Low-Cost Growth
Like its competitors, however, 99 Cents Only Stores has a simple, two-pronged strategy for maintaining its stellar growth rates: Open more stores quickly and push same-store sales increases hard. The 38 new stores the company opened last year brought its total to 189, and same-store sales were up 6.4 percent in the first nine months of 2003 over 2002. That, of course, is the point of the company's move into Texas from its home markets of California, Nevada and Arizona, and of its growing effort to sell food items, which made up fully 45 percent of its sales in 2003.

It's a mix that cries out for computerization. Fortunately for 99 Cents, however, everything at the company revolves around one central imperative: Create and follow the most efficient path between the customer and the sale. So choosing which IT projects to implement is relatively straightforward. Whatever decision the company faces, the final action boils down to getting those 99-cent items into the customer's shopping bag. That has been David Gold's driving principle from the moment he opened his first store, in Los Angeles, in 1982. A year or two earlier, he and his wife, who still live in the modest house in the Fairfax neighborhood of Los Angeles they bought 40 years ago, sold the family liquor store to pursue an idea that Gold, then 50, had been noodling with for nearly a decade. Was it possible, he wondered, to operate a profitable store—or even a chain of stores—if every item you sold was tagged at just 99 cents? By focusing initially on inventory close-out sales and "distressed" product lots, Gold soon discovered the lucrative answer: Yes. Gold, now 71, still arrives for work every day at 4 a.m. According to Forbes magazine, he has amassed a personal fortune of $860 million.

In the early days, the operation was simple. Everything from inventory to sales records to warehouse-management was done on paper. Cashiers tallied up the number of items in a purchase, multiplied that total by 99 cents and collected the cash. Credit cards? Forget about it. But then Gold, ever the wheeler and dealer, picked up some aging Radio Shack TRS-80 computers for a debt payment in the mid-1980s. His son Jeff, still in high school but working part-time for the half-dozen stores then up and running, taught himself BASIC and created the chain's first order-entry program. He then used the TRS-80s to sort and categorize the company's warehouse inventory. Jeff Gold is now senior vice president for real estate and information systems; his brother, Howard, is the company's senior vice president for distribution. Their brother-in-law, Eric Schiffer, serves as the company's president, while David Gold remains its chairman and CEO.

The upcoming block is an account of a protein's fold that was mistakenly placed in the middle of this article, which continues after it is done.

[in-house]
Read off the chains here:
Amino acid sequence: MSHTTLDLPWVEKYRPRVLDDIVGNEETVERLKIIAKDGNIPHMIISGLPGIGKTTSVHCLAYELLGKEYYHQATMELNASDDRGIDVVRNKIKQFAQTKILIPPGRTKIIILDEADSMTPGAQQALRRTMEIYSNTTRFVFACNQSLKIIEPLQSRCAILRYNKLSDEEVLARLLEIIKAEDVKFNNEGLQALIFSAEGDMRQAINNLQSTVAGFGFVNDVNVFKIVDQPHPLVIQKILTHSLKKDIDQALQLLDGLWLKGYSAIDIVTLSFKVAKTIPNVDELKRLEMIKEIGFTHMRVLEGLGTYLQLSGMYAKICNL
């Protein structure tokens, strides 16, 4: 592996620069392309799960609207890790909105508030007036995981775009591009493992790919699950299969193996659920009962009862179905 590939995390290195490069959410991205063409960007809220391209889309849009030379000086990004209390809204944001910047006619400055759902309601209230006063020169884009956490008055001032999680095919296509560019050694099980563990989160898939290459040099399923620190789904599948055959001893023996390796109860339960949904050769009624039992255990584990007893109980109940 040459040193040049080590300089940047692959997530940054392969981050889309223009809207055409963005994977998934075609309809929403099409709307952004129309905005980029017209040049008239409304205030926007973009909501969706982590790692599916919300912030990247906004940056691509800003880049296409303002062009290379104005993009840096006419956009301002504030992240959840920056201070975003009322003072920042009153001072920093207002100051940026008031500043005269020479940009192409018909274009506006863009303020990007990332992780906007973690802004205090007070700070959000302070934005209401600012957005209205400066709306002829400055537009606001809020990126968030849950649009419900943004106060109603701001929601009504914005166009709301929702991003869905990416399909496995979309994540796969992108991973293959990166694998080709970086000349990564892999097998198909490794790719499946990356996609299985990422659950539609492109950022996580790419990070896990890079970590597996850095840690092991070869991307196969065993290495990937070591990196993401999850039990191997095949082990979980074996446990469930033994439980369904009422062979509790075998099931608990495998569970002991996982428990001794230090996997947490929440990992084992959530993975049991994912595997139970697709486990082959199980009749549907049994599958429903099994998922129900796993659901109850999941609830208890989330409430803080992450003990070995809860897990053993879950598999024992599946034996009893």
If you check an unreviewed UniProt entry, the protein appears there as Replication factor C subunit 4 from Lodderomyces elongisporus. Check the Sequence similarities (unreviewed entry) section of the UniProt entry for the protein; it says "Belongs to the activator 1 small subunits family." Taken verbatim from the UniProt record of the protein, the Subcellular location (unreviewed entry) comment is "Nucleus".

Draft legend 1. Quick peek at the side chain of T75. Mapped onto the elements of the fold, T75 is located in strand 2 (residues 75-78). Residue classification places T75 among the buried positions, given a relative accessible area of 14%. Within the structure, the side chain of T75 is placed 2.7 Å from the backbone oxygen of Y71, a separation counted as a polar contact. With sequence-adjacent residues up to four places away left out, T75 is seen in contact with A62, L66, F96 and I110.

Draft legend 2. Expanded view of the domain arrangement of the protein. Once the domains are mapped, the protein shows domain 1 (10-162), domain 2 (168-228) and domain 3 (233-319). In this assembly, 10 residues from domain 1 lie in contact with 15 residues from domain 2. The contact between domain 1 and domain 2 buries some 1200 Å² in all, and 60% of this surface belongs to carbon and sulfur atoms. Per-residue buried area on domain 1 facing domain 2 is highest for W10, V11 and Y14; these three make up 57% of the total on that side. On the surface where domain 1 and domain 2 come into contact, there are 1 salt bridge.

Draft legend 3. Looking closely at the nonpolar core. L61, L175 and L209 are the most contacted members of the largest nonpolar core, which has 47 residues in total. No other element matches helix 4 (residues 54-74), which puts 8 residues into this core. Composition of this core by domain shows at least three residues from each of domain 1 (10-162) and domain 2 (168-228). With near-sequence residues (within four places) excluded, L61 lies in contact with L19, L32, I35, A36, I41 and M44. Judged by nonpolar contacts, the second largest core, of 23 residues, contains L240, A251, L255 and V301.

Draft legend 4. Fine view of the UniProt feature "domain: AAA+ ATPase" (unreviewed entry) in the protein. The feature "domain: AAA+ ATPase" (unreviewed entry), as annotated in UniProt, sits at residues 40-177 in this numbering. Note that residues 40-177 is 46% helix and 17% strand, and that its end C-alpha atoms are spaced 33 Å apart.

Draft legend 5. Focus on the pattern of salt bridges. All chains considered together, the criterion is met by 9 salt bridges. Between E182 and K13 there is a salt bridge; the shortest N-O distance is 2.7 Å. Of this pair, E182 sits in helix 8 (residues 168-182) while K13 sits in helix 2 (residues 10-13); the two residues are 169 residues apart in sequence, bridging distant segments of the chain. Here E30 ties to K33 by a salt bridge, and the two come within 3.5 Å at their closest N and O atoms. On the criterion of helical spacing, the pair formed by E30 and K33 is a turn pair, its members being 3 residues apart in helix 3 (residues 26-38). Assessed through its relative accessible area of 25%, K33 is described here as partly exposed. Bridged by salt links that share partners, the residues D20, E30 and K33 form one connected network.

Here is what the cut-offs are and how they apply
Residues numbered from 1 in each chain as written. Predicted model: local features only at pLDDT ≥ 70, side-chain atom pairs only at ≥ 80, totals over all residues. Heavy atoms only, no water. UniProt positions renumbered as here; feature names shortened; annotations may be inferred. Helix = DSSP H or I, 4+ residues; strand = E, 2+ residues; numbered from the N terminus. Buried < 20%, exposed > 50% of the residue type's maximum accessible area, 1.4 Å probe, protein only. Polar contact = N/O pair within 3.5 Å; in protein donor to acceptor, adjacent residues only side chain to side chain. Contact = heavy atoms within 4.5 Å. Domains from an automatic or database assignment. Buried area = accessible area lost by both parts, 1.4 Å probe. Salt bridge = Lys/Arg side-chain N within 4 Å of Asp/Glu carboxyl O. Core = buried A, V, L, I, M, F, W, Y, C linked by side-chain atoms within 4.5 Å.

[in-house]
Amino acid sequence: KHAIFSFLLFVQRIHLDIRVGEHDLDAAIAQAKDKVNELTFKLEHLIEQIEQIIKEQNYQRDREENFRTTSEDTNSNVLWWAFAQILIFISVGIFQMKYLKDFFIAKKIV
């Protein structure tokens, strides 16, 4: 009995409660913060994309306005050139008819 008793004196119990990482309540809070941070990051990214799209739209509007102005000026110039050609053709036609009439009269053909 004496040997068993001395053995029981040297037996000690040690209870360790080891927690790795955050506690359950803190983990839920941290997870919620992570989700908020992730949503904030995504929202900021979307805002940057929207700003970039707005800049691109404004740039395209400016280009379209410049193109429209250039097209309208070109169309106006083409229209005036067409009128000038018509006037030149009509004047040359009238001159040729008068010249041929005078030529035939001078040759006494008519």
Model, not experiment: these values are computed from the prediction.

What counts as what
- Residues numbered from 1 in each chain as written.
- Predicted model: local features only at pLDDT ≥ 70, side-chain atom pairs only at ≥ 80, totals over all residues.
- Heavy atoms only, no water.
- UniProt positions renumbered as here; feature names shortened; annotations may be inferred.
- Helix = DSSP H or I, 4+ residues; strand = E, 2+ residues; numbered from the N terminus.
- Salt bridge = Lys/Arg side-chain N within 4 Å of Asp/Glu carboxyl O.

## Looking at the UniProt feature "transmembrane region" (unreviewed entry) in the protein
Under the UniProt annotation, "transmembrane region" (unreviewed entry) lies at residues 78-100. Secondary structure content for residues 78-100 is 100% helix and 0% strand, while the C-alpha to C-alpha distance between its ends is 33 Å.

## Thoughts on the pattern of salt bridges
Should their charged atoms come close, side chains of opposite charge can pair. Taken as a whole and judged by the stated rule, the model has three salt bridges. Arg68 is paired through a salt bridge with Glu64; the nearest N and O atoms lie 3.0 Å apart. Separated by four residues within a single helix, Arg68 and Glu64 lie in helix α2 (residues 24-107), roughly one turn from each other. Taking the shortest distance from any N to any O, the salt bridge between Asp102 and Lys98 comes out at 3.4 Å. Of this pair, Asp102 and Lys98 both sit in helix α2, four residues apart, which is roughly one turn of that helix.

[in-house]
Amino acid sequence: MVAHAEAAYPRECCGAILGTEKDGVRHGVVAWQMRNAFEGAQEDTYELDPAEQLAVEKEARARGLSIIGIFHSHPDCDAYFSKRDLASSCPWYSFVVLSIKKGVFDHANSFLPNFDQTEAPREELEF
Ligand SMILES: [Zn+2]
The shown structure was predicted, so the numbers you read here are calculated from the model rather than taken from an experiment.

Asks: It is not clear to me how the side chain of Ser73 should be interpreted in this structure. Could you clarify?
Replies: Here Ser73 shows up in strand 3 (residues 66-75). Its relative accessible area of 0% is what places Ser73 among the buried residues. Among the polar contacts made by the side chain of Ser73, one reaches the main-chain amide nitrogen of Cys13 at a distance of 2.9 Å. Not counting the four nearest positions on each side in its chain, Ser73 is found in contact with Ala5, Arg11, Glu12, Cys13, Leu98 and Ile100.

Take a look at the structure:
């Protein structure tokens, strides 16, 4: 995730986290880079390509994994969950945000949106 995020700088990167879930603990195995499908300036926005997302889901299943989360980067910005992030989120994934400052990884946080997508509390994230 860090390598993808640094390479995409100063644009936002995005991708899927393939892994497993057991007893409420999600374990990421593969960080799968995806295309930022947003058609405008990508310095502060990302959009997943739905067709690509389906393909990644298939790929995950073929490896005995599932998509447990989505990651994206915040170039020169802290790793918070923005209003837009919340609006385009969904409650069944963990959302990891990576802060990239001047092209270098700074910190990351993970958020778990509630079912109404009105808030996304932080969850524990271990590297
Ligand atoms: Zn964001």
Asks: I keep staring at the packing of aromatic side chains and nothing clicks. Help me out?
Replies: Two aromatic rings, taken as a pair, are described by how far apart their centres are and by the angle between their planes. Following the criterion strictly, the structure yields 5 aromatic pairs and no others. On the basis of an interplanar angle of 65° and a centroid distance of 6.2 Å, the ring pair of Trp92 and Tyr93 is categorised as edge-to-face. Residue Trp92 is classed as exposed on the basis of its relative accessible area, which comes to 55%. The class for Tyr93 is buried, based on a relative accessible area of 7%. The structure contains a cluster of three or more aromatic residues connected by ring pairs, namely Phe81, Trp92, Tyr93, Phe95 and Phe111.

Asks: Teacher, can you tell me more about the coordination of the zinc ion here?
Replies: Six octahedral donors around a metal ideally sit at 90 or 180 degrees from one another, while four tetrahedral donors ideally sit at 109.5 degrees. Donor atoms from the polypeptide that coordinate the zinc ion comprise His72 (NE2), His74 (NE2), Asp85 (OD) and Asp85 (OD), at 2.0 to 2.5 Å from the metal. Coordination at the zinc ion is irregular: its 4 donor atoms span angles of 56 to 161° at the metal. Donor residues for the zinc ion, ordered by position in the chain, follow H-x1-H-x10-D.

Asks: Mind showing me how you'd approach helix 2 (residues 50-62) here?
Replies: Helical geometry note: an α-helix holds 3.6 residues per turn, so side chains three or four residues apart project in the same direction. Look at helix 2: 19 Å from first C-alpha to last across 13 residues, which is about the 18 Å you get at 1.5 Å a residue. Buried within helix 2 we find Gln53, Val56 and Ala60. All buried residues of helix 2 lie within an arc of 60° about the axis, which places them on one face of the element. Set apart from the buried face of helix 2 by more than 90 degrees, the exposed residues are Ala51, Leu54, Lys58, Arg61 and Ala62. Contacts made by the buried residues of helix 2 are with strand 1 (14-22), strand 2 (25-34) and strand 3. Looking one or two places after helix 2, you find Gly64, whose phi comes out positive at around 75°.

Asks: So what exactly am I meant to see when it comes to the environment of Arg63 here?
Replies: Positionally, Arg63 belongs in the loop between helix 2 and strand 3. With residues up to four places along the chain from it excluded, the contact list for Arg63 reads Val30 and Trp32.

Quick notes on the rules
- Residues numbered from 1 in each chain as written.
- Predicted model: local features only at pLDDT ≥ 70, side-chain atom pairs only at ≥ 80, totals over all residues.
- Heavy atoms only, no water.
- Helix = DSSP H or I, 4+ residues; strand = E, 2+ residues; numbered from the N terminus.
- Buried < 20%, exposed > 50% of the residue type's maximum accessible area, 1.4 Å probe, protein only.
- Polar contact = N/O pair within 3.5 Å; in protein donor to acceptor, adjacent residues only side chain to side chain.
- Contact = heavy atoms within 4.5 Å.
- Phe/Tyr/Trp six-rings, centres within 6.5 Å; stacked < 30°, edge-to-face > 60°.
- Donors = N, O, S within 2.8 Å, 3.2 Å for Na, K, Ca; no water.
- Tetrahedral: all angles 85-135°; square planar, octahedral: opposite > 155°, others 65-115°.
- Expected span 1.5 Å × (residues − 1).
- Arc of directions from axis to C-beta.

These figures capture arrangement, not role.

Despite the efficiencies computers have brought to his company, David Gold remains leery of them. A dusty PC sits forgotten beneath stacks of paper in his chaotic office. There is no secretary to encourage him to turn it on, either; no one at the company, not even Gold, has a secretary. So what's he got against computers? "I'm not against computers," he insists. "I am against spending a lot of money and not utilizing the information you get." He's also annoyed with the average "not very personable" IT professional holding himself apart from the non-technical masses. But Adams is a different story, Gold insists. "I don't know much about technology, but I do know Robert is terrific," he says. "He's very, very bright. He wrote the entire point-of-sale system himself, and I've seen him bring in a lot of innovation. He has been a perfect fit for us."

This article was originally published on 01-01-2004
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